This week in taxation: European discord before the G20 tax summit

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While the G7 agreed to a minimum overall corporate tax rate of 15% as part of the second pillar of the OECD proposal, there is still a long way to go before the deal is finalized at G20 and OECD levels. If the G20 comes to an agreement, the world will take one more step towards the most dramatic tax reforms since the 1920s.

However, the EU – which as a group is only one member of the G20 – struggles to reach consensus within its own ranks. Irish Finance Minister Paschal Donohoe has strongly opposed a global rate, arguing that small countries need the option of a low tax rate to attract foreign investment.

Meanwhile, Ireland, Poland and Hungary have said they will not support a global minimum tax rate without exemptions to protect business activity in their countries.

Calls for special treatment in certain sectors have intensified in recent weeks. The UK’s proposal to exempt its financial center, the City of London, from the overall minimum rate is just one example. However, such a concession could introduce the possibility of more exemptions and undermine the minimum rate.

IMF Managing Director Kristalina Georgieva suggested allowing exemptions would jeopardize the simplicity of the deal. “Simplicity means that the fewer deviations from a general principle, the better,” she told reporters.

“Let us remember that developing countries have less capacity to administer taxes and that anything more complicated, all other things being equal, would create risks of derailing the goal of generating more income to invest in the economy. health, education, infrastructure and the green transition, ”said Georgieva.

The hurdles facing the second pillar do not end there, and the Chinese government is concerned about what the deal will mean for its special economic zones. The G20 meeting in Venice on July 9-10 will be another test for the OECD’s proposals.

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G7 leaders must work out key details to secure first pillar plan

Chinese support crucial for G20 tax deal

The G7 deal on global tax reform needs China’s vote at the next G20 meeting for broader approval, but some finance ministers are already criticizing revised pillar one and pillar two proposals.

The G7 agreement calls for a global minimum tax of 15%, a level of taxing rights for market jurisdictions and an end to digital services taxes (DST). Some tax experts suggest the details of the deal are designed to appeal to China ahead of the G20 meeting on July 9-10.

“It’s an important political signal that seven of the most politically powerful countries agree on the principles of tax reform, but it doesn’t mean much unless the G20’s China, India and Brazil are also on board, “said a tax official. based in Asia in a multinational bank.

The G7 deal is to be approved by China at the G20 meeting, given its weak fiscal environment for tech companies and its influence in the Asia-Pacific region to attract a number of developing countries to the ‘agreement.

China is also protecting its tech sector, and government officials will likely aim to defend local concessions at the G20 meeting – especially special economic zones – which lower the corporate tax rate by 25%.

“China has always aligned with the United States in resisting new taxes on big tech companies due to its large local tech sector with Alibaba, Tencent and others,” the tax chief said.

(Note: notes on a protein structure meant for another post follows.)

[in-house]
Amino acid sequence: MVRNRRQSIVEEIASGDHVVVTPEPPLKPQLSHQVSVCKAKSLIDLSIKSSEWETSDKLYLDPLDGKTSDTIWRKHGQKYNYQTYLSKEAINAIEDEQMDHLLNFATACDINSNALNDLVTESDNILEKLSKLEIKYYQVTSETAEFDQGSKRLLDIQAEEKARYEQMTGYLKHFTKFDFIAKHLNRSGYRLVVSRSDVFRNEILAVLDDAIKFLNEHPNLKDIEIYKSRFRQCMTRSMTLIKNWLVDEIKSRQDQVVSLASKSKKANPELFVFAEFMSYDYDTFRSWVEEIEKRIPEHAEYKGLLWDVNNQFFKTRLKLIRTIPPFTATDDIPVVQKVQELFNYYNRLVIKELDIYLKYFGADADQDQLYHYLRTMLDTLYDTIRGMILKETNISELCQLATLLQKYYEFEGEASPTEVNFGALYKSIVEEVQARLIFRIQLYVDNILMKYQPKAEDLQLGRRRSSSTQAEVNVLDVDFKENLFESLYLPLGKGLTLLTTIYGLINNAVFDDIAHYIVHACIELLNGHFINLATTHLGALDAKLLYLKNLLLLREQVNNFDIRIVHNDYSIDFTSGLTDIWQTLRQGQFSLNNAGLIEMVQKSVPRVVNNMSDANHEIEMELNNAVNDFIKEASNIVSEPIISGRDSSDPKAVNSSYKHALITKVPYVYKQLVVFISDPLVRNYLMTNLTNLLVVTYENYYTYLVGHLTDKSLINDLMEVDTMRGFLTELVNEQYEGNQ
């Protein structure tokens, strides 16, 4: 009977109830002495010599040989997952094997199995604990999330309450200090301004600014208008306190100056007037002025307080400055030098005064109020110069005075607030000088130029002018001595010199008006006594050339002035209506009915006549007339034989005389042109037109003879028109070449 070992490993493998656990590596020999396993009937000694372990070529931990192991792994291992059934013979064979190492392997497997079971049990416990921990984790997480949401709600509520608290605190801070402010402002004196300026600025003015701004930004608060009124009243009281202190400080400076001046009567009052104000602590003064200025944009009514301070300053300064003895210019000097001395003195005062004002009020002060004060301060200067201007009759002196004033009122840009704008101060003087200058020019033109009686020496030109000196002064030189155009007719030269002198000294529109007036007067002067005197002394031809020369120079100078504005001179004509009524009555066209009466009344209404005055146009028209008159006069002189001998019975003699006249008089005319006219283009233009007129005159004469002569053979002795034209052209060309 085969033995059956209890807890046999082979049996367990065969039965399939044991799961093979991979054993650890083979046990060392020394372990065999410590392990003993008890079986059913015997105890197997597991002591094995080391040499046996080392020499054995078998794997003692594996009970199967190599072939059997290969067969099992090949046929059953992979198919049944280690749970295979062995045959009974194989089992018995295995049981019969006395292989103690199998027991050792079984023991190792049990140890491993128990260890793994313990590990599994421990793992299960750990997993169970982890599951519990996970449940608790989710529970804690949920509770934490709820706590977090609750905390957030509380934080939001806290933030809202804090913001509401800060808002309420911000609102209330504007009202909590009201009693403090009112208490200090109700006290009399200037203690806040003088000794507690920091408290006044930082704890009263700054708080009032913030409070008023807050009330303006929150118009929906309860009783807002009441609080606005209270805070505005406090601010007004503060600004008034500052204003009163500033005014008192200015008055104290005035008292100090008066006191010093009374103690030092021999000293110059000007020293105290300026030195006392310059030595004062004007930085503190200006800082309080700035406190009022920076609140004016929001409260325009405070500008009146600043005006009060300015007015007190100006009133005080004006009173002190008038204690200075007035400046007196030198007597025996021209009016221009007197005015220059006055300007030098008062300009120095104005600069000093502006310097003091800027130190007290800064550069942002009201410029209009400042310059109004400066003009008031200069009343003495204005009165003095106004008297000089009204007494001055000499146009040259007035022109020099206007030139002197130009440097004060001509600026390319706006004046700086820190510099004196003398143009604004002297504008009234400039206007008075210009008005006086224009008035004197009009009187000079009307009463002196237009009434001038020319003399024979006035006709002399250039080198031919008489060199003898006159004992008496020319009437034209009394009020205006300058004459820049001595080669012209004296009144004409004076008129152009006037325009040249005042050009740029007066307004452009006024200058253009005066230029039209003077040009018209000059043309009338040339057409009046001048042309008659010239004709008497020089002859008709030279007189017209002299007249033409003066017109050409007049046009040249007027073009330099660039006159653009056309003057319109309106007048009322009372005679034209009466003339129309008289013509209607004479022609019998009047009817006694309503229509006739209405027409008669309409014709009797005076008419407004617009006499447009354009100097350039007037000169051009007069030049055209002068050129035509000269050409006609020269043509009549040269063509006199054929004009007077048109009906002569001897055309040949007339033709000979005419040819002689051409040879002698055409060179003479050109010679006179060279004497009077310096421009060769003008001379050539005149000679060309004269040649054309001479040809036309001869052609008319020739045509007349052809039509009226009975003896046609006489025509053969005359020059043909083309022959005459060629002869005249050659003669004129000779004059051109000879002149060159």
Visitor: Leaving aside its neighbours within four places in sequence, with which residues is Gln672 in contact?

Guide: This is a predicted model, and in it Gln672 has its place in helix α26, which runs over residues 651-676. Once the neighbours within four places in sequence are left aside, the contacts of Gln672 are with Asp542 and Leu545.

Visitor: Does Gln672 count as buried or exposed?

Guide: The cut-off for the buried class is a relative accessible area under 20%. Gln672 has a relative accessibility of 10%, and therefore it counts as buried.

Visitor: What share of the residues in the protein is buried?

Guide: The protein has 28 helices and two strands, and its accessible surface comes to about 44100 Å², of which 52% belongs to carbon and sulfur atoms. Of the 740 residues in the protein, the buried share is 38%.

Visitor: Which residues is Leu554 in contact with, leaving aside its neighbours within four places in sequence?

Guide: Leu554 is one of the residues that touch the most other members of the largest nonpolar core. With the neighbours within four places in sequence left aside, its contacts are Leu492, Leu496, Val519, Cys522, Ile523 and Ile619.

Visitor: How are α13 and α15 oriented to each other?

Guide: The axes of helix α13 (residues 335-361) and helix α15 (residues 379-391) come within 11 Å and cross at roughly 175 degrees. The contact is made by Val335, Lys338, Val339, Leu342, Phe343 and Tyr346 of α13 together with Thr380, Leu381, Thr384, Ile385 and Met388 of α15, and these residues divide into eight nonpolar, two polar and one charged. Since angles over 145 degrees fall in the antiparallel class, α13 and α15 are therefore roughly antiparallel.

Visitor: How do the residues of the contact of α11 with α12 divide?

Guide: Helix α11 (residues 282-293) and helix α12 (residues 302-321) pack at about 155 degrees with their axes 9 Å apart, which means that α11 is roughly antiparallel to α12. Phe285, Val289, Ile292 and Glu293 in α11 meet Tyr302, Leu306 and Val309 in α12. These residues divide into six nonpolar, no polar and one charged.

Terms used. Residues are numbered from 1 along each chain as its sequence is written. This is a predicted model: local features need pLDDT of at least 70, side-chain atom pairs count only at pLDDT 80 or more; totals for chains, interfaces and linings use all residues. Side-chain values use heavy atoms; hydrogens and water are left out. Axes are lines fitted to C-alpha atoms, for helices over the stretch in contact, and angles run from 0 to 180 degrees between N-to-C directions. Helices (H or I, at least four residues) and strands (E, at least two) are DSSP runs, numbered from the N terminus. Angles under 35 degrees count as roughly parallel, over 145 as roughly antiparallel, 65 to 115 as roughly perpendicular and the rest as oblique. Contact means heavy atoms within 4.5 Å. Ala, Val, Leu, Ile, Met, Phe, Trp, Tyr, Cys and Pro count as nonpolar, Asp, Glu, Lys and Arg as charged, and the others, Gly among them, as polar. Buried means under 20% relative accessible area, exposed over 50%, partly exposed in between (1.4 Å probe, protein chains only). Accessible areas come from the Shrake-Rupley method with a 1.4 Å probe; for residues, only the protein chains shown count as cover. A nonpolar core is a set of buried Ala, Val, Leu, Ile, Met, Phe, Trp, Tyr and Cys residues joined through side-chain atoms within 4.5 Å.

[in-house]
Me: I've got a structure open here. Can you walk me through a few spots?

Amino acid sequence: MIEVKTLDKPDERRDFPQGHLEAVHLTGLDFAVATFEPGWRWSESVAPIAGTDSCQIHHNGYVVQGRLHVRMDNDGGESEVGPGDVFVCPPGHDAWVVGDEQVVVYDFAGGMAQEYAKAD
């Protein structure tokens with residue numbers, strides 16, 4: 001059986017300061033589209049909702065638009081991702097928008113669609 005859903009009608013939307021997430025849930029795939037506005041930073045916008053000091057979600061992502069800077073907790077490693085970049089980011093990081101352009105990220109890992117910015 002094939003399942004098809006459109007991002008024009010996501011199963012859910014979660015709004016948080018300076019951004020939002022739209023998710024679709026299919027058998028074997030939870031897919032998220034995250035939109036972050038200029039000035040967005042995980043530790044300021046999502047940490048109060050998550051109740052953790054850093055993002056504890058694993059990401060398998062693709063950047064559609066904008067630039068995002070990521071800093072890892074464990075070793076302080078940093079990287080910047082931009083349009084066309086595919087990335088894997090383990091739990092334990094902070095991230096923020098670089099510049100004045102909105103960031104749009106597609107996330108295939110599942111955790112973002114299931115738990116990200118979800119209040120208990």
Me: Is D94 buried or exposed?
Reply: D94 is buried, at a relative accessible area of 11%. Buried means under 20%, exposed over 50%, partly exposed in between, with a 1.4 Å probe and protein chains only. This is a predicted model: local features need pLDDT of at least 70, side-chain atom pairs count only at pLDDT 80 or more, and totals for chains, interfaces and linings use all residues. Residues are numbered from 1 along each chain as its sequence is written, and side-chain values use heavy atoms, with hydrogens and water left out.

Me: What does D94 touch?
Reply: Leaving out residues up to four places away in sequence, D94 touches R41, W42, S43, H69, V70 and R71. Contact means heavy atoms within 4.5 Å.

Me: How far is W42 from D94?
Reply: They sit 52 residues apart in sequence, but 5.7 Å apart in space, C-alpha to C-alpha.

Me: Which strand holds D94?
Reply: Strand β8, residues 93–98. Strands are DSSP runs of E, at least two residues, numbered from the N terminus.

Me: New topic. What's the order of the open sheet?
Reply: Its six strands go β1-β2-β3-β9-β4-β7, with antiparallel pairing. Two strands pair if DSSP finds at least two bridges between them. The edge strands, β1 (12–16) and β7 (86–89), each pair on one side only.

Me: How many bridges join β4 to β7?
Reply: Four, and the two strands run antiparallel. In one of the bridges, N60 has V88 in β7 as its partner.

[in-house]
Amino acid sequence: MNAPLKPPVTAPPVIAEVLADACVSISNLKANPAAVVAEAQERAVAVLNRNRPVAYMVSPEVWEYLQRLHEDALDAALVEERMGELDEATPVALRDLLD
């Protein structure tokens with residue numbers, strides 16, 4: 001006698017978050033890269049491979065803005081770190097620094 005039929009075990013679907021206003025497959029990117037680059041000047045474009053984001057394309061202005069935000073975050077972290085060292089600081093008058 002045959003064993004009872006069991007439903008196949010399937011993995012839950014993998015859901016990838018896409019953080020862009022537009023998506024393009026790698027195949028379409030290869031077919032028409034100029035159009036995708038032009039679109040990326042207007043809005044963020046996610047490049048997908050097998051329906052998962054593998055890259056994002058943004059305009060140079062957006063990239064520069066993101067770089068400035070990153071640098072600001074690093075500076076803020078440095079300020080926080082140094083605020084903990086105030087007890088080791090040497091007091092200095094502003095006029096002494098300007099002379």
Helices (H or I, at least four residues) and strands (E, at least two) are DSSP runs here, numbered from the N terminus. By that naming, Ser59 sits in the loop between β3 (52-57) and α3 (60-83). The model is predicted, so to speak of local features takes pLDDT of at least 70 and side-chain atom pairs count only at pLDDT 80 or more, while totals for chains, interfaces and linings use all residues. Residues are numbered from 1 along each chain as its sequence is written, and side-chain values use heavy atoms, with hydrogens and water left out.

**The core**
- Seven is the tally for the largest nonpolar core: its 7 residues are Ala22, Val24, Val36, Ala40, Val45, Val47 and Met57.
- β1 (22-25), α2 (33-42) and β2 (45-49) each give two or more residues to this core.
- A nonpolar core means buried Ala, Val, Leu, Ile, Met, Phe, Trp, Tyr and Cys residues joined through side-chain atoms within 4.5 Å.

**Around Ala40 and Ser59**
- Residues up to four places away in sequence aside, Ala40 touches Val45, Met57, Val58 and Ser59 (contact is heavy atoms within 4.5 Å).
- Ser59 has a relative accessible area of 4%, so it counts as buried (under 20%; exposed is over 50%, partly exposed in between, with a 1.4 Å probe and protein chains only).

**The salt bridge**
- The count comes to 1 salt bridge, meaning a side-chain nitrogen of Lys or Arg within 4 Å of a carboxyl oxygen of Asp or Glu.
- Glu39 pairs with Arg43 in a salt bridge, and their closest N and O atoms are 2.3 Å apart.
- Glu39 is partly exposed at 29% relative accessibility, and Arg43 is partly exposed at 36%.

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MNEs must rethink TP before Libor ends

As the end of the London Interbank Offered Rate (Libor) approaches, multinationals should change their TP policies and find an appropriate alternative rate for their future financing.

Multinational enterprises (MNEs) should take advantage of the end of Libor to revise all their business-to-business agreements when replacing the benchmark with a different base rate. Companies should also ensure that the Alternative Risk Free Rate (ARR) aligns with the Arm’s Length Principle (ALP) set by tax authorities.

“All multinationals have business-to-business loan agreements. Some also have intercompany derivative agreements. Although many of them are based on Libor – assuming Libor will always be available, and now of course Libor is not, ”said Graham Robinson, partner at PwC.

“You have an inter-company agreement and the loan is priced at Libor. You have to find an alternative interest rate, and that’s a transfer pricing (TP) exercise, ”said Robinson.

MNEs will need to choose the most appropriate rate and find a margin above that rate to make it the price of the B2B loan – a complex process to follow as the new rates can be difficult to use.

In 2017, the Financial Conduct Authority (FCA) announced the end of Libor because it was no longer considered a reliable global benchmark due to the high risk that banks would manipulate rates and therefore markets. In March, the UK regulator confirmed that all Libor settings would no longer be available after December 31.

This will apply to all settings in British Pound, Euro, Swiss Franc and Japanese Yen, as well as the One Week and Two Month US Dollar. The remaining value of the US dollar will cease after June 30, 2023.

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Next week at SHOOT

SHOOT will examine issues with India’s tax portal Infosys, as the country’s finance ministry prepares for a public meeting on the subject on June 22. SHOOT will analyze trends in patent box regimes around the world.

At the same time, SHOOTThe Women in Tax Forum – Europe will be held on June 22-23 and will discuss everything from tax transparency to global developments in transfer pricing. Finally, readers can expect an in-depth look at diversity and inclusion as the world moves towards a post-pandemic environment.

These stories are just a sample of things to come.

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